Sean Strub

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Sean Strub
Born Sean O'Brien Strub
(1958-05-16) May 16, 1958 (age 58)
Iowa City, Iowa, United States
Nationality U.S. citizen
Occupation Writer, entrepreneur, activist and advocate
Known for
  • Pioneer expert in mass-marketed fundraising for LGBT equality
  • Long-term AIDS survivor
  • ACT UP New York activist
  • Founded POZ and other magazines

Sean O'Brien Strub (born May 16, 1958) is a writer and activist who is the director of The Sero Project (, a national network of people with HIV combating stigma and injustice. He founded POZ magazine and POZ en Español, (for people impacted by HIV/AIDS), Mamm (for women impacted by breast cancer), Real Health (an African American health magazine) and Milford Magazine (a regional title distributed in the Delaware River Highlands area of north-east Pennsylvania).[1]

He is a long-term AIDS survivor [2] and has been an outspoken advocate for the self-empowerment movement for people with HIV/AIDS.[3] In 2009 he was president of Cable Positive, the cable and telecommunications' industry's AIDS response.[4][5] From 2010 to 2012 he served on the board of directors of the Amsterdam-based Global Network of People Living with HIV/AIDS (GNP+) and co-chaired their North American regional affiliate. He has been a leader in combating HIV-related criminalization and in 2010 launched the Positive Justice Project with the Center for HIV Law & Policy.

In 1990, he ran for the House of Representatives to represent New York's 22nd congressional district (which in those days was centered on Rockland County). He was the first openly HIV+[1][6] candidate for federal office in the U.S. and received 46% of the Democratic primary vote. He was a long-time member of ACT UP New York. Strub produced an off-Broadway play, The Night Larry Kramer Kissed Me, written by and starring David Drake, in 1992.[7]

Strub is a pioneer expert in mass-marketed fundraising for LGBT equality.[8][9][10][11][12][13][14][15][16]

He is owner of the Hotel Fauchere (, a Relais & Châteaux boutique hotel in Milford, Pennsylvania,[17] where he has been active in a community revitalization effort.[18]

His memoir, Body Counts: A Memoir of Politics, Sex, AIDS and Survival (Scribner) was published in January 2014. Strub co-authored Rating America's Corporate Conscience (Addison-Wesley, 1985), a guide to corporate social responsibility, with Steve Lydenberg and Alice Tepper Marlin and Cracking the Corporate Closet (HarperBusiness, 1995) with Daniel B. Baker and Bill Henning.

He is an inaugural member of the WikiQueer Global Advisory Board.[19]


Strub was one of the first people on the scene of the murder of John Lennon in December 1980.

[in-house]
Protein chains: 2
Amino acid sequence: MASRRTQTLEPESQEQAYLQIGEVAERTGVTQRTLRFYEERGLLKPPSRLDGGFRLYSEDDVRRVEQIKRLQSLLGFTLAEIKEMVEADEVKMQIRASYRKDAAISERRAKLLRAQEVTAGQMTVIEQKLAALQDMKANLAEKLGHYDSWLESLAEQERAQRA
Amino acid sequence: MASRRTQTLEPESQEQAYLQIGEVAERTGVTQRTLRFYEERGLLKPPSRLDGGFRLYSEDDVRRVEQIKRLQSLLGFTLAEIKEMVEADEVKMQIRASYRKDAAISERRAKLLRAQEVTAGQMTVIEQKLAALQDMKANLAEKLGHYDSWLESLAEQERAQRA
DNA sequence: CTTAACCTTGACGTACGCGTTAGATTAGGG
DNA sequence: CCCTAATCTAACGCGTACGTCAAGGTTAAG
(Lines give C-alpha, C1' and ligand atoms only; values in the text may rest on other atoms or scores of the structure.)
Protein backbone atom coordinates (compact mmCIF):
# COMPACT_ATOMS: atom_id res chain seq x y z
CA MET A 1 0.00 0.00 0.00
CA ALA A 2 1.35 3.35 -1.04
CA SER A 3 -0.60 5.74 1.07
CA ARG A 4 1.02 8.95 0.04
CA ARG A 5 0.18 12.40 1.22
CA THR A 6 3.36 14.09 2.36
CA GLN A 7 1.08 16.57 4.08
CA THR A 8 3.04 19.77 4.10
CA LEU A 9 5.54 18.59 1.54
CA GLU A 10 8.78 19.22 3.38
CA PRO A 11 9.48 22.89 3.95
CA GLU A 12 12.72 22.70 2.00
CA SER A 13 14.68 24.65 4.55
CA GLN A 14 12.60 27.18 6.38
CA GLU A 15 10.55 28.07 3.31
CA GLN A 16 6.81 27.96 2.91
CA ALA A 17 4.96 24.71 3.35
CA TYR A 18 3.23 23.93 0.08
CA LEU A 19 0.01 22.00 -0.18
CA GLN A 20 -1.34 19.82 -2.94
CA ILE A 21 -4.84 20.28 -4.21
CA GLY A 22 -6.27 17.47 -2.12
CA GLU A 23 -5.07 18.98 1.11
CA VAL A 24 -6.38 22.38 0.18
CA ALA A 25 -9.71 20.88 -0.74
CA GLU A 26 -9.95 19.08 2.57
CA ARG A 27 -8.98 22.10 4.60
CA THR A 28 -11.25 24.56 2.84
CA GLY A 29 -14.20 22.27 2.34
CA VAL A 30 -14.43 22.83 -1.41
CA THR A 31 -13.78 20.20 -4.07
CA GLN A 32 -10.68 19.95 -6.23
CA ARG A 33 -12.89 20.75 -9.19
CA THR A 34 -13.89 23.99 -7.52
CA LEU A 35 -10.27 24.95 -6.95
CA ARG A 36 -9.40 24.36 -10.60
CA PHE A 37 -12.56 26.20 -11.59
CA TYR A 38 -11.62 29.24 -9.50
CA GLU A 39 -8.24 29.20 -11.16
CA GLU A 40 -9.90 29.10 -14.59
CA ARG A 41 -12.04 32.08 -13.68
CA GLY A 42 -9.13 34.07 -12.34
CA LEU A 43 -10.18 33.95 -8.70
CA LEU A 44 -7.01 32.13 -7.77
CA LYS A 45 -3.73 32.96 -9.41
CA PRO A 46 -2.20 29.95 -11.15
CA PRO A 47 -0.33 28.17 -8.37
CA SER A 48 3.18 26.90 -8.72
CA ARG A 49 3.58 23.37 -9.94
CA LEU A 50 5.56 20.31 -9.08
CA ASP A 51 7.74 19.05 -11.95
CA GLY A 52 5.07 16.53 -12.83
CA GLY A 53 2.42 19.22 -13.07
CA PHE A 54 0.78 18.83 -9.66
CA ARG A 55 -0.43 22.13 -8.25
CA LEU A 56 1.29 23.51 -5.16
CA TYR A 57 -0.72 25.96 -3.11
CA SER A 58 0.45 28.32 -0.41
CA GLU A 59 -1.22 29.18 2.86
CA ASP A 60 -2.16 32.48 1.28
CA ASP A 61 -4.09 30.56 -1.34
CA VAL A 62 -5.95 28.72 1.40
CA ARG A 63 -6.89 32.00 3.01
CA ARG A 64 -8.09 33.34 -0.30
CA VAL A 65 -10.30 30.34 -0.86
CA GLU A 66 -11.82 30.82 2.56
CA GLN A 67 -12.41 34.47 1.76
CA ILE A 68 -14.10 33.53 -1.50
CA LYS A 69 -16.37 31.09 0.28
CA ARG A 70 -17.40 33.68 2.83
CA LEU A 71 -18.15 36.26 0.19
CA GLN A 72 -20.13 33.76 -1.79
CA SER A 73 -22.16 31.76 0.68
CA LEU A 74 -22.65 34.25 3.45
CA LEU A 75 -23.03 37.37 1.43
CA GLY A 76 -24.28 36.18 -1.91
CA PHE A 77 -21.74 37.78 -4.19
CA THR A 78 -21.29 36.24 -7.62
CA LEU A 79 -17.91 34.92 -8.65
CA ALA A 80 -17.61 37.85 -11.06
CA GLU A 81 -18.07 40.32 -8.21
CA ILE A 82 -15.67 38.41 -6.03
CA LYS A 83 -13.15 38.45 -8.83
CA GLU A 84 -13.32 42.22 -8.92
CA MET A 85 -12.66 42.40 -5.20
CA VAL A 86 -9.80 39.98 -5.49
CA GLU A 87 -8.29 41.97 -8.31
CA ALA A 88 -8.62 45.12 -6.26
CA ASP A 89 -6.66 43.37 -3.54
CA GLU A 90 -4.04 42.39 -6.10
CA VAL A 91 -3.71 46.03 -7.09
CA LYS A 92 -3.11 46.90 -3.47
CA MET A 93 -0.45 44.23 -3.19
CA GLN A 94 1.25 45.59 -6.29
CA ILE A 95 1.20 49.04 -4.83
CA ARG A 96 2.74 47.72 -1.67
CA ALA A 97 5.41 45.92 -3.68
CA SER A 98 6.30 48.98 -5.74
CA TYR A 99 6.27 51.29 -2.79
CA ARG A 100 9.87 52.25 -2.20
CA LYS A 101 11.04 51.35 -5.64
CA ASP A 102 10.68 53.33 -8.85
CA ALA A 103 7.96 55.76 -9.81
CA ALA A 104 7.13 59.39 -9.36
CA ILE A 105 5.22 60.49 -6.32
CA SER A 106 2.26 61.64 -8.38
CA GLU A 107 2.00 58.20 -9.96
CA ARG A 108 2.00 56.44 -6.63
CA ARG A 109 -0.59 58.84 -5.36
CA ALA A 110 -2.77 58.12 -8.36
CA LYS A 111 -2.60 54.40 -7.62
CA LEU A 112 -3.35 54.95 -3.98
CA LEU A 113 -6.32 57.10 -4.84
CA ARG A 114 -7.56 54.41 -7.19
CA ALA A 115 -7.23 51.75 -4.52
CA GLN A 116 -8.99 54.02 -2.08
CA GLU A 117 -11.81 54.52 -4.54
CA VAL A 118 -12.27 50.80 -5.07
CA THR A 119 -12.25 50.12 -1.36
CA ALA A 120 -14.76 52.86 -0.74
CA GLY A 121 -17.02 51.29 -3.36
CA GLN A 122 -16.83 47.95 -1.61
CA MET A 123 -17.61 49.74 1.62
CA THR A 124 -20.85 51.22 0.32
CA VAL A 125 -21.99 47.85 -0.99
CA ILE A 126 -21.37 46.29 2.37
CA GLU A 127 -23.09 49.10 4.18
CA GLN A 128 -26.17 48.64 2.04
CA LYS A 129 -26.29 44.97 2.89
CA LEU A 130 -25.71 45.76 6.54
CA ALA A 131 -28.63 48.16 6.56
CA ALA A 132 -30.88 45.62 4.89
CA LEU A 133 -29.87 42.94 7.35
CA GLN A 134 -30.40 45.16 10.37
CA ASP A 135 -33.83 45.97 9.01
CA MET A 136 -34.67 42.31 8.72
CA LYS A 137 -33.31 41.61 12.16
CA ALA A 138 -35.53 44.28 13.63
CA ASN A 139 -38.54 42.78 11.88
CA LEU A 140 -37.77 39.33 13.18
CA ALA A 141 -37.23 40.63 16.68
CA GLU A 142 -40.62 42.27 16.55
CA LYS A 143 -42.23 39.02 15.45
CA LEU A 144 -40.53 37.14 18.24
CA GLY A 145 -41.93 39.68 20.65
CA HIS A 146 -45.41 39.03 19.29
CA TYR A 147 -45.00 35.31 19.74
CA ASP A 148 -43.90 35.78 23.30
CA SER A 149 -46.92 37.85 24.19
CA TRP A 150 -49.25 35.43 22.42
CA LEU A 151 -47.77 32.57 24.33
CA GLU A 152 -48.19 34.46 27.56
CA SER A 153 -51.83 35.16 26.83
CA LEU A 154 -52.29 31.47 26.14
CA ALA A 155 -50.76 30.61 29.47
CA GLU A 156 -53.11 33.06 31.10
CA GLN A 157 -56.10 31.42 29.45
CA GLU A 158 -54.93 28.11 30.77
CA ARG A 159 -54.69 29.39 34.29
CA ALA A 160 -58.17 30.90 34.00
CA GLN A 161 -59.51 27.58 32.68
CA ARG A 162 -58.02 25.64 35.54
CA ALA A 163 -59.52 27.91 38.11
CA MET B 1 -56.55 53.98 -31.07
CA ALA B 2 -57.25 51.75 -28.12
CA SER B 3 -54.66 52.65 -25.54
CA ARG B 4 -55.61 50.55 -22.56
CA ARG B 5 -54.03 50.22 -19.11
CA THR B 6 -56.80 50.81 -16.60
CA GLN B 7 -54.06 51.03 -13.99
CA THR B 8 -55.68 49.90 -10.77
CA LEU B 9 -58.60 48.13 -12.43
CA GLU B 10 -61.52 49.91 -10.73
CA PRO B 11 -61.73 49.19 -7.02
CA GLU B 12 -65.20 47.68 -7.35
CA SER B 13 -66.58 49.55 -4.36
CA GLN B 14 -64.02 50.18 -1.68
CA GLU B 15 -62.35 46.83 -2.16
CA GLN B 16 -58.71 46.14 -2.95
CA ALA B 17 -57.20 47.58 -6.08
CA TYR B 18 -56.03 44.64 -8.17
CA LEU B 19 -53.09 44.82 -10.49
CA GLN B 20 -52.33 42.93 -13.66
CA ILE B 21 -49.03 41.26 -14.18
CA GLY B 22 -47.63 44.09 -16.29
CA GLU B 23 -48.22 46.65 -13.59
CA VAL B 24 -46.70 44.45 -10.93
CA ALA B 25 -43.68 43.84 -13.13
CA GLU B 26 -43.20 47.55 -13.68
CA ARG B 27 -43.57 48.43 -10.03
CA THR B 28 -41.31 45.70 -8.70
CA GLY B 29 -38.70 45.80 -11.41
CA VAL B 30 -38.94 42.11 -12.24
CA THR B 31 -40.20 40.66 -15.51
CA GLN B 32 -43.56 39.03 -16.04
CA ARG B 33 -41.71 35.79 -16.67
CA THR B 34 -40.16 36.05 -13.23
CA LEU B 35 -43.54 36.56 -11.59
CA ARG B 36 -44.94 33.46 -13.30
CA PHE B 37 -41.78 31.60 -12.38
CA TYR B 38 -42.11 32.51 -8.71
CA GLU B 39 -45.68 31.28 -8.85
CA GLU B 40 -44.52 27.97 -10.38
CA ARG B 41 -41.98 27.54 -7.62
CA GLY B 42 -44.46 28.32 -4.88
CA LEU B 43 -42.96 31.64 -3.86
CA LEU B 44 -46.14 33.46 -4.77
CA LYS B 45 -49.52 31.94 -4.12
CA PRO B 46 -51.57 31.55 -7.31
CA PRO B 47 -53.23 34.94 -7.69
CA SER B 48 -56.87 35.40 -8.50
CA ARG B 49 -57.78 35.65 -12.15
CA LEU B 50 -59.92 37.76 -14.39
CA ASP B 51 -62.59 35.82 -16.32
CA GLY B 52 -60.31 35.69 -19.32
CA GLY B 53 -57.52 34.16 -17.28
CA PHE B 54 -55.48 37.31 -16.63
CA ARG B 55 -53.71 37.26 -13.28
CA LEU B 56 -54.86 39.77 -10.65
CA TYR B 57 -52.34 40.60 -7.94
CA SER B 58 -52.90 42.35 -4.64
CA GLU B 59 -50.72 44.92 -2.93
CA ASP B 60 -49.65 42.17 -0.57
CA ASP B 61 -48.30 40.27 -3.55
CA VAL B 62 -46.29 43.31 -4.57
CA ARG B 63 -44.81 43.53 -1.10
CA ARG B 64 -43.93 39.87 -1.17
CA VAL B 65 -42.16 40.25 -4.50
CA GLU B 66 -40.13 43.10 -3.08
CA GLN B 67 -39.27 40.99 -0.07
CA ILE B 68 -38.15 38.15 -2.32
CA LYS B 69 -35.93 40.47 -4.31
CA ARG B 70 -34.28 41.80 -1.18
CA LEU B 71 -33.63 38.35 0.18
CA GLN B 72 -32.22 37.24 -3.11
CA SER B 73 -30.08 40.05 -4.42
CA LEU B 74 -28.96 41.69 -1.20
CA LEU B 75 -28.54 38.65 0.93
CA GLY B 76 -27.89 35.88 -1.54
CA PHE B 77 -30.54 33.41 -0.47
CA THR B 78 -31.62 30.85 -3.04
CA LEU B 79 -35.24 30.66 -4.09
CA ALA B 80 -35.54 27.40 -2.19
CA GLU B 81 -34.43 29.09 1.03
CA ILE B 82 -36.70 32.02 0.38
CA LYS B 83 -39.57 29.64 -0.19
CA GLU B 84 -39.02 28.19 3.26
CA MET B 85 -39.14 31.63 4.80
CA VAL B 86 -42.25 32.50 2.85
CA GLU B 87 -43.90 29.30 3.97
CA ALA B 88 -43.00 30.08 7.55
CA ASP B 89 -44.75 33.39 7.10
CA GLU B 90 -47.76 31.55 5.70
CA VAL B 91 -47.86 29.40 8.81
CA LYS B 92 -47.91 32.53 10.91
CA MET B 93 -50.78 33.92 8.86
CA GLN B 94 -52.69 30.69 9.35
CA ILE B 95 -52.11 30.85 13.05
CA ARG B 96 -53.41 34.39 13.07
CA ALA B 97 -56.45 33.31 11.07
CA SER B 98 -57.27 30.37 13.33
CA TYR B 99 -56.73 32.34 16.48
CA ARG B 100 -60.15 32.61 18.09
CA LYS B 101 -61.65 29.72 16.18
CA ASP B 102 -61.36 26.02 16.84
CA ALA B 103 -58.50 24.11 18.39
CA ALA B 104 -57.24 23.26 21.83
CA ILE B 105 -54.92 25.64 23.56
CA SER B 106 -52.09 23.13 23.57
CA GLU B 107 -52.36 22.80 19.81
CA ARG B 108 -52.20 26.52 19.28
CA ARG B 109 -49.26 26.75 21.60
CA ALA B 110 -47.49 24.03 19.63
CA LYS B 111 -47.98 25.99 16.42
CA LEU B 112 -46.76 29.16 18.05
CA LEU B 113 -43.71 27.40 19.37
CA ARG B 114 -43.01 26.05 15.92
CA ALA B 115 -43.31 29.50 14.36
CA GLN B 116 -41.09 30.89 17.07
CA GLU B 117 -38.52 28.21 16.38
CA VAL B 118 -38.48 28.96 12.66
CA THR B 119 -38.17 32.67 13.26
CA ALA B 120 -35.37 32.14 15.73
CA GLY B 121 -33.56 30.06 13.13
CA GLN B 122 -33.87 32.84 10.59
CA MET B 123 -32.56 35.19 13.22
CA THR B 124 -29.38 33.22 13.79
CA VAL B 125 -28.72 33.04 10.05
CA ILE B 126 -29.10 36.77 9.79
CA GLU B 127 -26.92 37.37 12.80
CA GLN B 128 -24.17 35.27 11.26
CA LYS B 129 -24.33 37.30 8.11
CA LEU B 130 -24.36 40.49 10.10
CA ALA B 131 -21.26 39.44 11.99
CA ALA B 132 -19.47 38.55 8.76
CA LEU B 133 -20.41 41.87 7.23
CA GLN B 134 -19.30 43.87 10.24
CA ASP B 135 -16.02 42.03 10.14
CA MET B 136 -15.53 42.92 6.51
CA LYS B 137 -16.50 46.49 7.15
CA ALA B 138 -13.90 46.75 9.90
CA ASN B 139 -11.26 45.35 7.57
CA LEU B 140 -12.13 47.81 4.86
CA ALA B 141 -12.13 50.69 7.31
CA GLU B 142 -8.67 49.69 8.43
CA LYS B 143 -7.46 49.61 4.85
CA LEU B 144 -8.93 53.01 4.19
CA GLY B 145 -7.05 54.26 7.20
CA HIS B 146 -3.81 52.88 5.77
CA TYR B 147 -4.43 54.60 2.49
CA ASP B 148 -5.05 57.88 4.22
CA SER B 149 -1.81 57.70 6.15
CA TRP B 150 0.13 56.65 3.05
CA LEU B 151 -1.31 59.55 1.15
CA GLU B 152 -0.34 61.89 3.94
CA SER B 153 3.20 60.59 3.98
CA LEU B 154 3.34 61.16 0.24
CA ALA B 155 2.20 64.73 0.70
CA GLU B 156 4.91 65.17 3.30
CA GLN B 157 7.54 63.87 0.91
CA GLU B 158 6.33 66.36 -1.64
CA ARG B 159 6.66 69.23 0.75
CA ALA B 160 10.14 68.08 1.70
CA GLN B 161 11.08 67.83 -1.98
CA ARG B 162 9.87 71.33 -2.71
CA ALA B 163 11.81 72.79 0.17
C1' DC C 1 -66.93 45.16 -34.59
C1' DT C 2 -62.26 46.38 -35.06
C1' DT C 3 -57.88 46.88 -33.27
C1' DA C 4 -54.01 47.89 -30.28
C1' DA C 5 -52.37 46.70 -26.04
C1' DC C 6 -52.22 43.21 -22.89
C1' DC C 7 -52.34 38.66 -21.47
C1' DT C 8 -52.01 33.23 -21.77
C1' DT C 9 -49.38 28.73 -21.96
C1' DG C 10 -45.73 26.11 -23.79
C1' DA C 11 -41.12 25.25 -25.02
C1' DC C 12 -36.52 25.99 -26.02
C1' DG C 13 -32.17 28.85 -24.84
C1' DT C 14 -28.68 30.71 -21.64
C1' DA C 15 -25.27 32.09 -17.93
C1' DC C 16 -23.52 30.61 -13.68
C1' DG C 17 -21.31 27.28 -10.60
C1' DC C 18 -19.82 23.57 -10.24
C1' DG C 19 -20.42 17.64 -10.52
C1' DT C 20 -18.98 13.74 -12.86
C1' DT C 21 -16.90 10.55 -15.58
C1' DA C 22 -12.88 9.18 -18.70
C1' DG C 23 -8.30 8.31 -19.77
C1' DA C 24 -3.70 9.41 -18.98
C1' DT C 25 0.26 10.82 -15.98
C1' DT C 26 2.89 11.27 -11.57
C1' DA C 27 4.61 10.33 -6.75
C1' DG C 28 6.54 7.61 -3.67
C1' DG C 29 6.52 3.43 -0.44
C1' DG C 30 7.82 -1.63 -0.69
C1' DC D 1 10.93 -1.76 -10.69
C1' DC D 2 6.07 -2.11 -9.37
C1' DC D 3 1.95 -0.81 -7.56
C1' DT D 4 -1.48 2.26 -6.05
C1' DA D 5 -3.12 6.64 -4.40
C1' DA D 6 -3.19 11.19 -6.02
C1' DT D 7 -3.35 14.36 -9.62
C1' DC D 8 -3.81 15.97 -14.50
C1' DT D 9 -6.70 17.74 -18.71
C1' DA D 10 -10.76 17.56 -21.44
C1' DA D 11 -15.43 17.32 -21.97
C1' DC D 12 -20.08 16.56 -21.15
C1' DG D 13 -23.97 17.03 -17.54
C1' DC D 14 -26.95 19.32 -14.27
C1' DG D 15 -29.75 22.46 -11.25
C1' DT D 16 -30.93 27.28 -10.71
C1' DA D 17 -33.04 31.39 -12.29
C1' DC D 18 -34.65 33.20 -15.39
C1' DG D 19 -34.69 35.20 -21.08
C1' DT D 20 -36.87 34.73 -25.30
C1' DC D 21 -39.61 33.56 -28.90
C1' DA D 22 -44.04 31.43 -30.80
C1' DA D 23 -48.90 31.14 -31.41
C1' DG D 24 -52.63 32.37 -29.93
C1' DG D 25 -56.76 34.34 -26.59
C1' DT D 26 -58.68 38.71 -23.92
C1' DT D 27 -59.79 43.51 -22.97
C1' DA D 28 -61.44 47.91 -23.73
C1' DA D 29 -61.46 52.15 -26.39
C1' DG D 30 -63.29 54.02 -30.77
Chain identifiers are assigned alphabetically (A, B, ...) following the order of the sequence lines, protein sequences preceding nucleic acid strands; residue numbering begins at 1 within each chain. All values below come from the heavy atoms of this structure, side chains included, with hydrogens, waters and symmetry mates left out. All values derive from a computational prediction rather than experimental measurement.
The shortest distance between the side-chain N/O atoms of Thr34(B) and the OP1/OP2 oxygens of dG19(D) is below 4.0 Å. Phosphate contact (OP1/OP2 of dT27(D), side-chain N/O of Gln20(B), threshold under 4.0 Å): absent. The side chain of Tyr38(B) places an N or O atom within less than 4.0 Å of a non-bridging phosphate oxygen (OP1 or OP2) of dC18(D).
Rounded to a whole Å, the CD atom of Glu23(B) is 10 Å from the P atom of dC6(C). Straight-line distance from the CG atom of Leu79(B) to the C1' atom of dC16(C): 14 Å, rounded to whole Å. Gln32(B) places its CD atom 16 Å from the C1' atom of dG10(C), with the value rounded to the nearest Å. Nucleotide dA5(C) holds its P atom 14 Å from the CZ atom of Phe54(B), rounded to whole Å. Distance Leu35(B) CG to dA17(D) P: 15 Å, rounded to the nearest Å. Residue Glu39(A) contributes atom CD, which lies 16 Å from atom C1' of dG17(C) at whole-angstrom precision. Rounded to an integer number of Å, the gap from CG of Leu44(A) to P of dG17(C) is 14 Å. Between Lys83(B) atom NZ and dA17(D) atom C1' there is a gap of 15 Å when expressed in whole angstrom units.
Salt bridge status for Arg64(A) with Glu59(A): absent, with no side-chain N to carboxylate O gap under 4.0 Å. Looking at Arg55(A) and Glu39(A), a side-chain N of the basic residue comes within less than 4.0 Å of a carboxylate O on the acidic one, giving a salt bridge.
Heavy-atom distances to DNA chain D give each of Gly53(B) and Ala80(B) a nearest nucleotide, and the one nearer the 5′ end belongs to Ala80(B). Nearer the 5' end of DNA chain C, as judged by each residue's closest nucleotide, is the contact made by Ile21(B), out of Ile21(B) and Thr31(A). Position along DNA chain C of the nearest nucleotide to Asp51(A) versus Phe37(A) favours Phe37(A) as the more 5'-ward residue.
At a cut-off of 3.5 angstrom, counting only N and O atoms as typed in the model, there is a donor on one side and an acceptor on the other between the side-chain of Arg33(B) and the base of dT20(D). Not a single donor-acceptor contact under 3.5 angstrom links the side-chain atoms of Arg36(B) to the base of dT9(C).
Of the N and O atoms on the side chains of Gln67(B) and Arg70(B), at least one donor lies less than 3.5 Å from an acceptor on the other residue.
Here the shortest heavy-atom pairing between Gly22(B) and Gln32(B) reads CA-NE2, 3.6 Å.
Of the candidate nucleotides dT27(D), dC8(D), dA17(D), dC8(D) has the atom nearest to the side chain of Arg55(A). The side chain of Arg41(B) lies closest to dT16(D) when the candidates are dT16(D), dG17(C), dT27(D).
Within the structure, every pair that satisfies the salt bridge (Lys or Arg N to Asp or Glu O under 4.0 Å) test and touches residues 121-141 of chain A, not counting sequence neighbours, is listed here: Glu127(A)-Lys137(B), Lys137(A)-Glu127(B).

In 1981 Strub got playwright Tennessee Williams to sign the first fundraising letter for the Human Rights Campaign Fund, a then-newly formed political action committee which grew to become the largest organization in the U.S. advocating for LGBT equality.[20] In 1989 Strub asked pop artist Keith Haring to create a logo and poster to launch National Coming Out Day, now also a part of the Human Rights Campaign.[21] Strub was one of the AIDS activists who put a giant condom over then-US Senator Jesse Helms's suburban Washington home in 1991.[22]


  1. ^ a b Sean O. Strub, Bio, retrieved 2008-09-02 
  2. ^ "In a Changing Era, a Reminder of AIDS". The New York Times. October 11, 2009. 
  3. ^ "What's Wrong With The AIDS Movement". DIRELAND. December 1, 2005. 
  4. ^ "Rachel Maddow Introduces Sean Strub". 2009-04-10. Retrieved 2013-12-05. 
  5. ^ "Fighting AIDS, Peer to Peer". The New York Times. May 11, 2009. 
  6. ^ Sender, Katherine (2005). Business, not politics. Columbia University Press. p. 255. ISBN 0-231-12734-0. 
  7. ^ "Theatre On Stage and Off". The New York Times. March 26, 1993. 
  8. ^ Endean, Steve (2006). Bringing Lesbian and Gay Rights Into The Mainstream: Twenty Years of Progress. Routledge. p. 241. ISBN 1-56023-526-8. 
  9. ^ D'Emilio, John (2002). The World Turned: Essays on Gay History, Politics and Culture. Duke University Press. p. 193. ISBN 978-0-8223-2930-5. 
  10. ^ Vaid, Urvashi (1995). Virtual Equality. Simon&Schuster. p. 226. ISBN 0-385-47298-6. 
  11. ^ Sherman, Phillip (1994). Uncommon Heroes: A Celebration of Heroes and Role Models for Gay and Lesbian Americans. Fletcher Press. p. 257. 
  12. ^ Levin, Sue (1998). In The Pink, The Making of Successful Gay and Lesbian-owned Businesses. Routledge. p. 96. ISBN 0-7890-0579-4. 
  13. ^ Badgett, M.V. Lee (2003). Money, Myths and Change: The Economic Lives of Lesbians and Gay Men. University of Chicago Press. p. 114. ISBN 0-226-03401-1. 
  14. ^ Bailey, Robert W. (1999). Gay Politics, Urban Politics: Identity and Economics in the Urban Setting. Columbia University Press. p. xii. ISBN 0-231-09663-1. 
  15. ^ Gluckman, Amy (1997), Homo Economics: Capitalism, Community, and Lesbian and Gay Life, Routledge, p. 12, ISBN 0-415-91379-9 
  16. ^ Chasin, Alexandra (2001). Selling Out: The Gay and Lesbian Movement Goes to Market. Palgrave Macmillan. p. 268. ISBN 0-312-23926-2. 
  17. ^ "A Village Home for a Man About Town". The New York Times. October 21, 2008. 
  18. ^ "A Tour of Milford, Pennsylvania". Travel+Leisure. March 2009. 
  19. ^ "WikiQueer:Global Advisory Board". WikiQueer. Retrieved March 27, 2013. 
  20. ^ Clendinen, Dudley (2001). Out For Good. Simon&Schuster. p. 440. ISBN 0684867435. 
  21. ^ Sears, James Thomas (2005). Youth, Education and Sexualities. Greenwood Publishing Group. p. 583. ISBN 0-313-32748-3. 
  22. ^ "Condomizing Jesse Helms". Huffington Post. July 17, 2008. 

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